Alex Mayers from The Donkey Sanctuary, visits a market in Tanzania where hundreds of donkeys wait to be slaughtered for their skins.
At a market in Dodoma, Tanzania, hundreds of donkeys crammed into pens under the burning midday sun wait for their fate.
Some are skeletally thin but all are withdrawn and quiet. A short walk away, a pile of carcasses smoulders under a layer of sawdust. The market was set up to serve ever-growing demand for ejiao – a traditional Chinese medicine made with gelatin extracted from donkey skin.
Whether they wait days or weeks, most of the donkeys here will end up at an abattoir where they will be slaughtered for their skins.
“The market is far worse than I expected,” says Alex Mayers, head of programmes at The Donkey Sanctuary, speaking from the market. “There are about 700 donkeys basically coming here to wait to die. There’s no food or water. The donkeys are very stressed. There are lots of signs of dehydration and hunger.”
Alex headed to the market to investigate the growing trade in donkey skins to produce ejiao. The market, only set up in recent months, provides a place for a middleman to buy donkeys from traders and sell them onto the abattoir. Because of government regulations, Huacheng abattoir only slaughters 40 donkeys a day, which means the animals have to wait before they are taken to slaughter.
In the meantime roughly six are dying every day. Their carcasses are taken nearby to be buried and burned.
“The government is trying to limit the number of permits for animals going to the abattoir and enforce that but unfortunately it leads to these holding pens where the donkeys survive before they are taken to the abattoir,” says Alex, visibly moved by the terrible scenes of suffering around him. “It absolutely has to stop.”
Alex was joined by Dr Thomas Kahema, founder of The Tanzanian Animal Welfare Society (TAWESO), one of The Donkey Sanctuary’s partners in the country. Speaking beside a pen packed with donkeys, he said that day they had witnessed a truck with 14 donkeys being sent back because they had been stolen.
“That’s the big problem now because of the skin trade there are donkeys being stolen and the communities they are missing everything,” he said.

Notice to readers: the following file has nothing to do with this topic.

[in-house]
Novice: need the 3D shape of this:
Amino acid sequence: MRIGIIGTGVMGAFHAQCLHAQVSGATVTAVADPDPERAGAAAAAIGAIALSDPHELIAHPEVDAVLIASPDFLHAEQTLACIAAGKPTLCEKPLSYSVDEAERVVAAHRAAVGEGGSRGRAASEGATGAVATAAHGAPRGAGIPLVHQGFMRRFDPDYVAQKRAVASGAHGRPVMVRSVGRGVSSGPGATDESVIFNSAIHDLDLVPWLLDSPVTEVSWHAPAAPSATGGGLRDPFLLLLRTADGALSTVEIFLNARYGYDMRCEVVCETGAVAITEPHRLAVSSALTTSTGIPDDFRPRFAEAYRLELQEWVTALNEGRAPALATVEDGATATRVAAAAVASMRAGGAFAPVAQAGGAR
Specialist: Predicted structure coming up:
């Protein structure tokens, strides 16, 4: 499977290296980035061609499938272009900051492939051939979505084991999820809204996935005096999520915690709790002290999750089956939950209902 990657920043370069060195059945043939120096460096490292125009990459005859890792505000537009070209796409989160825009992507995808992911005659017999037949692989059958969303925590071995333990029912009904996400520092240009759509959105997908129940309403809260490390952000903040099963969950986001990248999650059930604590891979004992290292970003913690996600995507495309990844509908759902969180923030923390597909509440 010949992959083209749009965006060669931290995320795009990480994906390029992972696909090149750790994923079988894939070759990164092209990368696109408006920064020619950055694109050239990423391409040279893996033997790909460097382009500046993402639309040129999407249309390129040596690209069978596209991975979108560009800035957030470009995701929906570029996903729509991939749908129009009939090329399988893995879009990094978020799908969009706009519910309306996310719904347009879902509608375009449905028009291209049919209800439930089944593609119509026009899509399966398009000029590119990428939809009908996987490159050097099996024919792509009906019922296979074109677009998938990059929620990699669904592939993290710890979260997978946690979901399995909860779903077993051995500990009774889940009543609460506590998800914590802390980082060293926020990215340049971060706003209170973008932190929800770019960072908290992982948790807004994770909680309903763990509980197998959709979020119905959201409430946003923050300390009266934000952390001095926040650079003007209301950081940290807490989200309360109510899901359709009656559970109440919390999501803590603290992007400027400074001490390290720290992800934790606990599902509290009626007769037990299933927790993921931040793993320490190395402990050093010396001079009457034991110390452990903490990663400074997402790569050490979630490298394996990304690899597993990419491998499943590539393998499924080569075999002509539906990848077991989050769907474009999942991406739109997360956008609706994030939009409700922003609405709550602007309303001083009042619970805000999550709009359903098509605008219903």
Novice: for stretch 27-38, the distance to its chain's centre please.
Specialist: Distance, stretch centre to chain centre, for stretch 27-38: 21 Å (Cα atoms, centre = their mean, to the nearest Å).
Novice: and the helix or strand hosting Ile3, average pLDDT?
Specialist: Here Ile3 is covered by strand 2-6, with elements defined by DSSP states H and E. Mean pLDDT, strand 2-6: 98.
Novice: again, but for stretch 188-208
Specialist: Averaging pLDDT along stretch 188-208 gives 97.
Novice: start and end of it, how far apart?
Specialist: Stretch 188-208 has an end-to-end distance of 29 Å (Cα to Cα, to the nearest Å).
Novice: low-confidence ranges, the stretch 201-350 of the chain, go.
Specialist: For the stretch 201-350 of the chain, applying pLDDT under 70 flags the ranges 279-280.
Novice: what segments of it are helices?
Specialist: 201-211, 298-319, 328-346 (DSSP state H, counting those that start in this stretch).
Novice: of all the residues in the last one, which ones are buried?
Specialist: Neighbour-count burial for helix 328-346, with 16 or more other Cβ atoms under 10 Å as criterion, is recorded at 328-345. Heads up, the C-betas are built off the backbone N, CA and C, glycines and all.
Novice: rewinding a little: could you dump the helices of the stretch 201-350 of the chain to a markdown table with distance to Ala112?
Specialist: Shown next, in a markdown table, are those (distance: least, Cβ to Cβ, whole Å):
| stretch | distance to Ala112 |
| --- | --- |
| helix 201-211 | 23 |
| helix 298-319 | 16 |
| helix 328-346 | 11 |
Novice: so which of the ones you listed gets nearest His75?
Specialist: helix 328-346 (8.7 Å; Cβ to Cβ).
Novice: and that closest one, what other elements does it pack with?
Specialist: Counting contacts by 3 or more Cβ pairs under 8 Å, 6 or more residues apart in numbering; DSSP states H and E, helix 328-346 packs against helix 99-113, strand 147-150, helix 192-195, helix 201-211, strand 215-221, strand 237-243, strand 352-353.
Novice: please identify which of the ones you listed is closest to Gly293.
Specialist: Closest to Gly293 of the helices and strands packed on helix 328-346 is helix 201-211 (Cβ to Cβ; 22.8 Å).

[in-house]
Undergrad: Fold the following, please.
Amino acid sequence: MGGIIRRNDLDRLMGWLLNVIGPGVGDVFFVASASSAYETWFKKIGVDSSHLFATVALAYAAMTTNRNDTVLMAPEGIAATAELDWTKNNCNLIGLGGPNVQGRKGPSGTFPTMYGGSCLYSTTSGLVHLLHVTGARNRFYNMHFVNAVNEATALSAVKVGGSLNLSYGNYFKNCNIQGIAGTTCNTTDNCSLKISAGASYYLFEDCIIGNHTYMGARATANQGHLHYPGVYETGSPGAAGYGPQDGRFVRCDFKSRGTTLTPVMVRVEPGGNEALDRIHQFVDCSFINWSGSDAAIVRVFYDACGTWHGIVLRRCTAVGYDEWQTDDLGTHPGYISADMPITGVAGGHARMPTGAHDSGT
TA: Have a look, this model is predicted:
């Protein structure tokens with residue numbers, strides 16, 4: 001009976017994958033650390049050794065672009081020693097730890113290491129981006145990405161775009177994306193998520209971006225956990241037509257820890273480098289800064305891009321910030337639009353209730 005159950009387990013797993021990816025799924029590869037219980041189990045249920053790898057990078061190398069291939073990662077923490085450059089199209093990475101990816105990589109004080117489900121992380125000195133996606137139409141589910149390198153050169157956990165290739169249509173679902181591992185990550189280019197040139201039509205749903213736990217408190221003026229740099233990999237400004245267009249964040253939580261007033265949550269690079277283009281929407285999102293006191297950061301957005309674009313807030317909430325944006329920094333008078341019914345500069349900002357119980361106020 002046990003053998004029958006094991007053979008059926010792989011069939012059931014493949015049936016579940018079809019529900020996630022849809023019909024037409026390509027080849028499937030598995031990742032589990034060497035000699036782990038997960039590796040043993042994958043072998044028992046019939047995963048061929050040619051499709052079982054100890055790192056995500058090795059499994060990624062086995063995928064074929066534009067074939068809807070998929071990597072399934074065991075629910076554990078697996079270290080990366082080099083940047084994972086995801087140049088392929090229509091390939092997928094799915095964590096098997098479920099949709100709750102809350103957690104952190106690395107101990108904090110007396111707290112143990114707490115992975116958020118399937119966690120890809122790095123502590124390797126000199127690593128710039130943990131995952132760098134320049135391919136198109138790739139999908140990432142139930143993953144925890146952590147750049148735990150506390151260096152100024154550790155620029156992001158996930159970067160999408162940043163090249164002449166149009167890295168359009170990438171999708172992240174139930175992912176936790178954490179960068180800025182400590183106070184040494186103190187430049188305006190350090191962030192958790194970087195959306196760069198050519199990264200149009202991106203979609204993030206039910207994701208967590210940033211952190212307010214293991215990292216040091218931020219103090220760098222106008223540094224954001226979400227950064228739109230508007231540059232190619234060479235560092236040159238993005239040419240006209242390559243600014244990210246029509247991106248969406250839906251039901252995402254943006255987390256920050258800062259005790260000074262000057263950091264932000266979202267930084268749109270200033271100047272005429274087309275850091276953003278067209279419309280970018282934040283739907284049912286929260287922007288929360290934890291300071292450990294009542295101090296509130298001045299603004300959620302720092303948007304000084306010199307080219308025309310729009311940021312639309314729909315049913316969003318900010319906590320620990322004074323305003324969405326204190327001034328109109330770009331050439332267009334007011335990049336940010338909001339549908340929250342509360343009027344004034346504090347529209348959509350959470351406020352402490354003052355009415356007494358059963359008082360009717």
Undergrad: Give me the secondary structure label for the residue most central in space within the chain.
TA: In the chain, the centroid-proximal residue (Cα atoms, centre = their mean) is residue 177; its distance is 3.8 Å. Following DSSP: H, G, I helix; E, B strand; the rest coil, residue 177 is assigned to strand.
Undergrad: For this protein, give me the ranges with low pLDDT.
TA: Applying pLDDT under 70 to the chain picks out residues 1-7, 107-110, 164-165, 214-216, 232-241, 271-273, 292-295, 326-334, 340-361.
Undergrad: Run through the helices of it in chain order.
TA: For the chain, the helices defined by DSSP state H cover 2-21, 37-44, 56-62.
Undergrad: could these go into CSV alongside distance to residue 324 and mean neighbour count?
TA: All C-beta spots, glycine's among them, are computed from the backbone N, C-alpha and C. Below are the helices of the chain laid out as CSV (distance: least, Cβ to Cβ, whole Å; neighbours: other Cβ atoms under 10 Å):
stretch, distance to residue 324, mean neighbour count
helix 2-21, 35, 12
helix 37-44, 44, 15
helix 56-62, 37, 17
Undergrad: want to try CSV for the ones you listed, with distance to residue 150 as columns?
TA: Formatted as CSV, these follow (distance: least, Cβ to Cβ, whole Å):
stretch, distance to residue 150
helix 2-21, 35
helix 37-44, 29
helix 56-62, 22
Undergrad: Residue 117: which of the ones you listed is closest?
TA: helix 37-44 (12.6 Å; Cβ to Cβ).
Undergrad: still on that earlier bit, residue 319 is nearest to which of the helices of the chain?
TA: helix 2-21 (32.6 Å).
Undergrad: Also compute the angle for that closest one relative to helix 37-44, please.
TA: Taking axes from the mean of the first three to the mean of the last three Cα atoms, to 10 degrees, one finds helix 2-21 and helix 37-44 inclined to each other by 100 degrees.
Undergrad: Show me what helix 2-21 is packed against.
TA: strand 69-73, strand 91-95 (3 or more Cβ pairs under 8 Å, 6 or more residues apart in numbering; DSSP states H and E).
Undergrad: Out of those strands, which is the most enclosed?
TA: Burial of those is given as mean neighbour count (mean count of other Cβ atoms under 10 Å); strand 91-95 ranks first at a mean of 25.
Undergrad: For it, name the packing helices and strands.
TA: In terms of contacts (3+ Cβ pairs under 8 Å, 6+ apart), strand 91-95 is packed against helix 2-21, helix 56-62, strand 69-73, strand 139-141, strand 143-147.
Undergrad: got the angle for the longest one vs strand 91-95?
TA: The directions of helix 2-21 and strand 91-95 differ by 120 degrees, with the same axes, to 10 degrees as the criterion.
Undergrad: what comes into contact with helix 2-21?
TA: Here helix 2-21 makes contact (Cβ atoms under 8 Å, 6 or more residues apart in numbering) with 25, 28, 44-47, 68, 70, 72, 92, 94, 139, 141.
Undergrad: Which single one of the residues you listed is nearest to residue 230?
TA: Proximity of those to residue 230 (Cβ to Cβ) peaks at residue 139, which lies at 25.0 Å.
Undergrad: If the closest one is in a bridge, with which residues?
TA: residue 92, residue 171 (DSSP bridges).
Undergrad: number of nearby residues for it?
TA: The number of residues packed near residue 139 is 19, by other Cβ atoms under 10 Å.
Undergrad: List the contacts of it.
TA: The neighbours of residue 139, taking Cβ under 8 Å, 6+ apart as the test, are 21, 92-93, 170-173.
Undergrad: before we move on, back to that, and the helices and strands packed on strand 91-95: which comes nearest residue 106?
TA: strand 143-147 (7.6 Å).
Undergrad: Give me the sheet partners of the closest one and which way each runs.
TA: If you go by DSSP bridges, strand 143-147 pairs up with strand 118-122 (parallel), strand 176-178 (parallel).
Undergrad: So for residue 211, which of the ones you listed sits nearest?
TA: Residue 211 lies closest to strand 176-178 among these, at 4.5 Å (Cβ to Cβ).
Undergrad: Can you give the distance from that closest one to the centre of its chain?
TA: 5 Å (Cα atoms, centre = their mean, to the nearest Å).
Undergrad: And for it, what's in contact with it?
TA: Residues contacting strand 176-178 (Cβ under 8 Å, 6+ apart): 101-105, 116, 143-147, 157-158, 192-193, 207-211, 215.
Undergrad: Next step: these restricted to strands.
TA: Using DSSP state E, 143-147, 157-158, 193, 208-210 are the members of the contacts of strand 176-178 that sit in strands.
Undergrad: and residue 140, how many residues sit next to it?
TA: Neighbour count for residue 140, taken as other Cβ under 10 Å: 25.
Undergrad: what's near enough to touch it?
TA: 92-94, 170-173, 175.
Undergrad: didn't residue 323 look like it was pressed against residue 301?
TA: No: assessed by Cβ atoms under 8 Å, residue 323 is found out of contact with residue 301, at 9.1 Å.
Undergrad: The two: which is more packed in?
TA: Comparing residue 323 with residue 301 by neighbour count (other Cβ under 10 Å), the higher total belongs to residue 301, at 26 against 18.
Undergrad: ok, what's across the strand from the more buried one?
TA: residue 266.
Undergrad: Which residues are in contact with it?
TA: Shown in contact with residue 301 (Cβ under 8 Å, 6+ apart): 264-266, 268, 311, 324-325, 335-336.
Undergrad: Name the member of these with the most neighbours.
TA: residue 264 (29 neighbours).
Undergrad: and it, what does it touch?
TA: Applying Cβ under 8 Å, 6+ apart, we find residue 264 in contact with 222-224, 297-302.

Without their donkeys, people have no way to pull their carts, carry water or firewood. Communities left bereft of their animals are being forced to do the 'donkey work' themselves, which threatens to increase poverty. Demand for donkeys has also pushed up prices, meaning poor communities can’t afford to buy new ones. In Tanzania the price of donkeys has risen from around 50,000 Tsh (£5-7) in 2010 to 190,000 Tsh (£60) today. Their skins, however, are being sold at 450,000 Tsh (£160).
For many this price tag overshadows the long term economic value of their donkeys, which they decide to sell for short term profit. According to ‘Under the Skin’, a new report by The Donkey Sanctuary on the skin trade, a working donkey in Ethiopia can generate net income of $330 (around £262) a year. Most donkeys will work for 10 years, which means in the long run they are worth much more alive than dead.
Under the Skin reveals the shocking extent of the trade, which is hitting communities across the world from Brazil to Pakistan. Ejiao is a hard gel that can be dissolved in hot water or alcohol to be used in food or drink. It is also used in beauty products such as face creams. Like other traditional medicine like rhino horn and tiger parts, demand for ejiao has been driven in recent years by China’s growing middle classes.
As many as 10 million donkeys are being sought after to make ejiao, resulting in a chain of welfare issues for the donkeys at every step from sourcing to transport and finally to slaughter.
The Donkey Sanctuary is calling for a halt to the trade until it can be shown to be both humane and sustainable for the donkeys and the communities that depend on them.
For the donkeys waiting at Dodoma market it can't come a moment too soon.